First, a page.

What’s takt time and why should you care about it?
Every time we start a new project, a startup or even a little app, we are faced with a big decision: which technology we should use. Usually, we programmers choose our infrastructure, frameworks and programming languages (tech stack) based on what we think will make ourselves happier. However, that selection approach based on feeling may not result in the most assertive decision.
In these important moments we should take into account the concept of takt time. Takt time is a discipline used mostly in production engineering and it’s defined as the time frame between the conception of a product and its delivery, that is, it’s calculated taking into account all the time needed to conceive, develop and deliver a product. In software engineering we use this same concept to describe the time between a specification and a production deployment. The smaller the takt time is, the better.
We should be very careful when defining takt time to avoid confusing it with “time to market”. Even though they both tend to have the same value in the beginning, they soon start to differ based on how much investment a project receives; and usually when you invest time in automation and planning, you tend to increase a little bit your time to market but reduce your long-term takt time.
Software takt time is mainly influenced by the task itself (complex tasks tend to have higher takt time) and by programmers’ productivity. I’m not going to talk about the first topic because task complexity is big enough to have its own post. I’ll focus more on how to increase programmers’ productivity and, of course, how to keep it high.
So, if you want to reduce takt time you will need to invest in a tech stack that favours fast build, fast deployment and that will motivate you and your colleague programmers to do the job faster, i.e., a tech stack fun to work with.
How to pick the right stack
In my opinion, the first thing that you should do to select the right stack is to keep your emotions aside. If you really want to choose the right stack to work with, i.e., the stack that will make your project more likely to succeed, you cannot get attached to your emotions or to what you have done before. If you want to pick the right stack, you need to know that there’s no silver bullet and that you won’t be able to do it right today just because you did it yesterday. So, forget about your past experiences and your emotional attachment to languages and frameworks.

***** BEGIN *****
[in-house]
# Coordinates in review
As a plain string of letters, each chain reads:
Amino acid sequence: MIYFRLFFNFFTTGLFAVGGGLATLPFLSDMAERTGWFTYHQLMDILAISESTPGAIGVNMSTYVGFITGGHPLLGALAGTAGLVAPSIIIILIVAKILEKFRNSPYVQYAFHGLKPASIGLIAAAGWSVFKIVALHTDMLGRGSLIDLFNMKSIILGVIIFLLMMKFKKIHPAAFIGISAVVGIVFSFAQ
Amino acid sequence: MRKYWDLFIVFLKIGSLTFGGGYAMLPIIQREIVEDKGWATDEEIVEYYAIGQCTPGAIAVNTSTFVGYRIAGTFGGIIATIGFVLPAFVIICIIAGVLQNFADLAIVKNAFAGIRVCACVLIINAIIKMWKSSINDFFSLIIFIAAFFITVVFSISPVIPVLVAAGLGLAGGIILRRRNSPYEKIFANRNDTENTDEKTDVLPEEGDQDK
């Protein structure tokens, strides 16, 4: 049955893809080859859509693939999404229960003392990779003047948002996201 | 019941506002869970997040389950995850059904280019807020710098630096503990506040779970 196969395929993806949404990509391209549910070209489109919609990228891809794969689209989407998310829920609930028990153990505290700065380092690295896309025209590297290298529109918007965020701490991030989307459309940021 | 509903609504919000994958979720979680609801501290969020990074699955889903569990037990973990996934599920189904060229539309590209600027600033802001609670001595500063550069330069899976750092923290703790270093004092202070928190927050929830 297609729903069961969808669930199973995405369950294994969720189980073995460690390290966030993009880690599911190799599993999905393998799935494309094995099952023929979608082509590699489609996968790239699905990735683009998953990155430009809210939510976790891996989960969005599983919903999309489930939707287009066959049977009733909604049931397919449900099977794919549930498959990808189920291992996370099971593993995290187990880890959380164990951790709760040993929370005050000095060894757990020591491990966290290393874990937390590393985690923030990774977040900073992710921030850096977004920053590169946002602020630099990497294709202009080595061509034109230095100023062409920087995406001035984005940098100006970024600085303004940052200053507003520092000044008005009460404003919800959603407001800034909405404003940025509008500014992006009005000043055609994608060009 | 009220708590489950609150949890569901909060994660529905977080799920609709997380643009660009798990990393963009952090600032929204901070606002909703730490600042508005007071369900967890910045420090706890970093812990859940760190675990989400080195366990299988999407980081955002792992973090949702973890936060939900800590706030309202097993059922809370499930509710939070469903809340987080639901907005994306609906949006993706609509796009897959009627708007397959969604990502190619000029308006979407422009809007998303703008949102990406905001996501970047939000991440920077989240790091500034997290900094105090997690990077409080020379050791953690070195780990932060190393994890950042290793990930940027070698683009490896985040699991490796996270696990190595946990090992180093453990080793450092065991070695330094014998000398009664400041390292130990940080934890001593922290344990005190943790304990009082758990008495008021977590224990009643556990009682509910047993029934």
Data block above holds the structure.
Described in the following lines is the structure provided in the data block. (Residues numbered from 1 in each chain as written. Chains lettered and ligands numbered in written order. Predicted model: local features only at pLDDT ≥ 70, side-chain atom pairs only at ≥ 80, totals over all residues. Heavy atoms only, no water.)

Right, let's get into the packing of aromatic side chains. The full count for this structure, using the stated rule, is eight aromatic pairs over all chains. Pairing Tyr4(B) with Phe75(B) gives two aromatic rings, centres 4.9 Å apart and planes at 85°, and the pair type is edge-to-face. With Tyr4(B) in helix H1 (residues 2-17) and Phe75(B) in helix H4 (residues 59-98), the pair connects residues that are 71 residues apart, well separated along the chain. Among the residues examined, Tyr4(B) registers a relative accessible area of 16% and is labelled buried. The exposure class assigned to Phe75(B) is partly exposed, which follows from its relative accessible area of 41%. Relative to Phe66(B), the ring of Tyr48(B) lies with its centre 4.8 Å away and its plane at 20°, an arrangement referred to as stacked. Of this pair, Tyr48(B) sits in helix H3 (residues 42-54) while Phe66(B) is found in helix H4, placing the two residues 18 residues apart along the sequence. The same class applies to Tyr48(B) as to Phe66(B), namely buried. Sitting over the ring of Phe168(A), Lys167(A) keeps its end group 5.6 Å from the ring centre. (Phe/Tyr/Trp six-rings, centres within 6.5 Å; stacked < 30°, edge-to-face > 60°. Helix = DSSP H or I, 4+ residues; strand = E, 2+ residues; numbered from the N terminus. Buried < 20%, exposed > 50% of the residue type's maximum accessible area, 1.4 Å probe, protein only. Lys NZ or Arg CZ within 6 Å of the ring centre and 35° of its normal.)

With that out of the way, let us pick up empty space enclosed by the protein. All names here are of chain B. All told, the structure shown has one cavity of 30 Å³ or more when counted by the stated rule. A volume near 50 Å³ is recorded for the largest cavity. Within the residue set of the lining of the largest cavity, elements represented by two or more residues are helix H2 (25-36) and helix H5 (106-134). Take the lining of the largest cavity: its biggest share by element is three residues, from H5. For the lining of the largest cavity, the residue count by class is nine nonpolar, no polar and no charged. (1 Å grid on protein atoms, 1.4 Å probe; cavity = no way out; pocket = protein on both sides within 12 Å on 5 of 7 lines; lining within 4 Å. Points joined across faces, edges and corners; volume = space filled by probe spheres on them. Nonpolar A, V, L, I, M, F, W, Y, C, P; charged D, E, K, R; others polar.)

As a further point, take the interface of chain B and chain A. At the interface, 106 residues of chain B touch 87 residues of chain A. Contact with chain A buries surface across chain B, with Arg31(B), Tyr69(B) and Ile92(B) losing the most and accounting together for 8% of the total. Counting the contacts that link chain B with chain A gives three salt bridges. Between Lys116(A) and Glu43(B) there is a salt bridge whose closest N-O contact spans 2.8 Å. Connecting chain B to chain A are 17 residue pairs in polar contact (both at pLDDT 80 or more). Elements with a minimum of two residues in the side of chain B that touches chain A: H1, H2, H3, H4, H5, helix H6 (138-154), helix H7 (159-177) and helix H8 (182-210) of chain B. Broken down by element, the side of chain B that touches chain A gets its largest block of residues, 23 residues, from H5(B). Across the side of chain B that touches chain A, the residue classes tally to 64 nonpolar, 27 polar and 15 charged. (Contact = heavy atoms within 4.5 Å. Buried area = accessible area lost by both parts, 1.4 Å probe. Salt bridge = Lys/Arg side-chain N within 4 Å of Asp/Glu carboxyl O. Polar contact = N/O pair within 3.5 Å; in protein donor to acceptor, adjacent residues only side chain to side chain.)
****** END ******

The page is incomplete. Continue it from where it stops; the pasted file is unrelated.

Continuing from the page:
1) Benchmark your industry
The first thing that you should do is benchmark your own industry. If you are working for an e-commerce business you need to check and compare what other such companies are doing, investing and using. You can do this by reading papers, searching for common tech stacks and looking for opportunities to connect with programmers that work for those companies.
One easy way to connect is going to tech events like TDC, QCon, Meetups and so on. There you can meet and share experiences. You have to always keep in mind that the whole tech industry is looking for solutions to reduce attrition and increase speed, so you can use that knowledge to advance with less effort. If you know that all fintechs are moving towards functional languages (Clojure, Scala, F#, Elixir or even Go) you would be better off betting on these techs instead of going with the old plain Java.
Another good way to benchmark is through open source. Github has a lot of open repos that you can check to compare languages and frameworks.
2) Plan, innovate and invest more than you think you should
You may think that if you pick a famous and common language like Java (with Spring) you won’t be wrong. Of course, it’s easier and safer to pick a famous language and/or framework because you will probably have more (and cheaper) professionals and more online available content. However, in the present times, if we want to reduce our takt time, we need to invest in our tech stack. And, please, don’t get me wrong, when I say invest, I’m not saying that your company needs to have an R&D department or that you need to stop doing your current job or, even worse, that you need to create your own programming language. When I say invest, I mean more everything that will delay your instant result and create an asset that could improve and maintain your future productivity. Investing means the time you will spend thinking about your architecture before start programming. Yes. I’m talking about that time you know you should invest planning before doing.
Investing in a tech stack means selecting the right tool for the job. It may sound a little cliché and obvious, but that’s not it. Investing means stepping out of our JVM’s comfort zone and trying a new approach using Python or Ruby or Go.
I’ve seen a lot of teams avoiding new technologies, frameworks or process because they don’t want to learn something new or because they are too afraid to try it, or both. You need to reserve (invest) some time to make some Proof of Concept. And, after that, you need to try this new technology. Furthermore, you need to do this tech change knowing that you’ll be slower in the short term, but faster (with lower takt time) in the long term.
In the end, the conclusion is very simple and obvious. You need be aware of what tech stack your industry is using and be brave to try it. The most important thing to know is that you will need some courage to try this new feature and even more courage to say no to unrealistic deadlines. If you want to pick the right stack, you need to invest time in PoC, Innovations, new languages. However, always keep in mind the goal of it all, which is to reduce your takt time.
And I almost forgot, If you are feeling braver now, how about trying a new language? How about Go? CLICK HERE to see how to start coding right now.